Global Education


By Nataly Miquilena
Published: April 2010

The way I see it, there are three types of Latino immigrants.

One type of Latino immigrant comes to the states illegally to work as much as possible. They make more money than they possibly could in their country of origin and send it back to their families.

Many illegal immigrants travel across the border between Mexico and the United States. Most of the people in this group have limited education, come from very poor families, and they immigrate to the state because there is no work in their hometown and consequently, they lack the means to take care of their families.

I admire these people because they had to leave their family and most of them take on jobs that nobody else wants for nearly 100 hours a week. They work to support their families that stayed back home.

I do not condone the fact that they came illegally, but you cannot ignore the sacrifices and risks they experienced in order to get here, or the effort they put into their jobs.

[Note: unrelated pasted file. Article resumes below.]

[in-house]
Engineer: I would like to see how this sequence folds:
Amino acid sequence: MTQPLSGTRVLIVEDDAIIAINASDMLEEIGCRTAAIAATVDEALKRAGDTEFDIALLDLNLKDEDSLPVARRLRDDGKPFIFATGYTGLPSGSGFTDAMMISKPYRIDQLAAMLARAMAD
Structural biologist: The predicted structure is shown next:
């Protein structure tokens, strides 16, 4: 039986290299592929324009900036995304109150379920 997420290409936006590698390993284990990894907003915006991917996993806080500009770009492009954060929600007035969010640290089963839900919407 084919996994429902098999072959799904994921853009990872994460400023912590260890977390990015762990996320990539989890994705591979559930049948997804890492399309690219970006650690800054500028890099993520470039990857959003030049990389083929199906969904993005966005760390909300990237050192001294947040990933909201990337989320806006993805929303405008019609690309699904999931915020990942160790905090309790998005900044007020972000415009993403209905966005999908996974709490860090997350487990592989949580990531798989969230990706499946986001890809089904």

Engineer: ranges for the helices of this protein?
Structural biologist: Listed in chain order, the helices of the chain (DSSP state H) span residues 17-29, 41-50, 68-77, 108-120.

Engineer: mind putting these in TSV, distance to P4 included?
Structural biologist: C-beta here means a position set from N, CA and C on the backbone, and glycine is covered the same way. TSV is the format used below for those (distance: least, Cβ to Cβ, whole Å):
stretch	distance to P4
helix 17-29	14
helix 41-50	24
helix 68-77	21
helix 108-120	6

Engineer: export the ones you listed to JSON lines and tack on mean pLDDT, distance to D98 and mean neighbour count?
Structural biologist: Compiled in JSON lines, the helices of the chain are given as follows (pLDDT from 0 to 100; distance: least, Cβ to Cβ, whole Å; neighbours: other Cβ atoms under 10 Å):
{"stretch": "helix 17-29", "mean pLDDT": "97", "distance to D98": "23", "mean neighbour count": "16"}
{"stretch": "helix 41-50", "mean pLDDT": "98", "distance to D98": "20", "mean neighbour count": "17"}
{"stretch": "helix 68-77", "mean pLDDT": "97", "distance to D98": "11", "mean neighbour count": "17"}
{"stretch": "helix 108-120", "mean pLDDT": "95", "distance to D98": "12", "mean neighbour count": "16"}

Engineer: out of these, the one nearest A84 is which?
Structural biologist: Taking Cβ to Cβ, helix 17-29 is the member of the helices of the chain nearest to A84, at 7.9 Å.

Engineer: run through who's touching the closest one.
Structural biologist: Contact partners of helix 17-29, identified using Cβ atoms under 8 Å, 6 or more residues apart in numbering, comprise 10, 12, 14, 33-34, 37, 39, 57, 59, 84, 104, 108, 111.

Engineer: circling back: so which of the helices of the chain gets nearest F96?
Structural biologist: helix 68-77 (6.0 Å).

Some illegal immigrants are able to attain citizenship after many years of living in fear of deportation. Some of these immigrants even establish successful businesses.

The second type of Latino immigrants came in hopes of living the American Dream.

Most of them (if not all) came legally and have stayed in this country legally. Most of the people in this group are well educated, with college and graduate degrees. These people generally belonged in the upper middle class of their country. This is the group I belong to.

After Chavez won the Venezuelan Presidential election in 1999, my family decided it was time to move on and to look for better things. What I admire about this group is the determination.

Regardless of the comfortable lifestyle they have in their country of origin, these immigrants start all over again in a new country in hopes of better opportunities and better outcomes for future generations in the family.
The third type of immigrants comes to the US as a career step. These immigrants find a job, get experience, and then go back to their home country to continue their professional careers.

All of these types of immigrants have positive aspects and negative aspects in their journey.

Still today, after several years in the country, I find people that think I am an illegal immigrant when they hear I am from Venezuela. They assume that my father works in the landscape business and my mother is cleaning hotel rooms. I do not denigrate those jobs, but as with every race, we all have people from every group.

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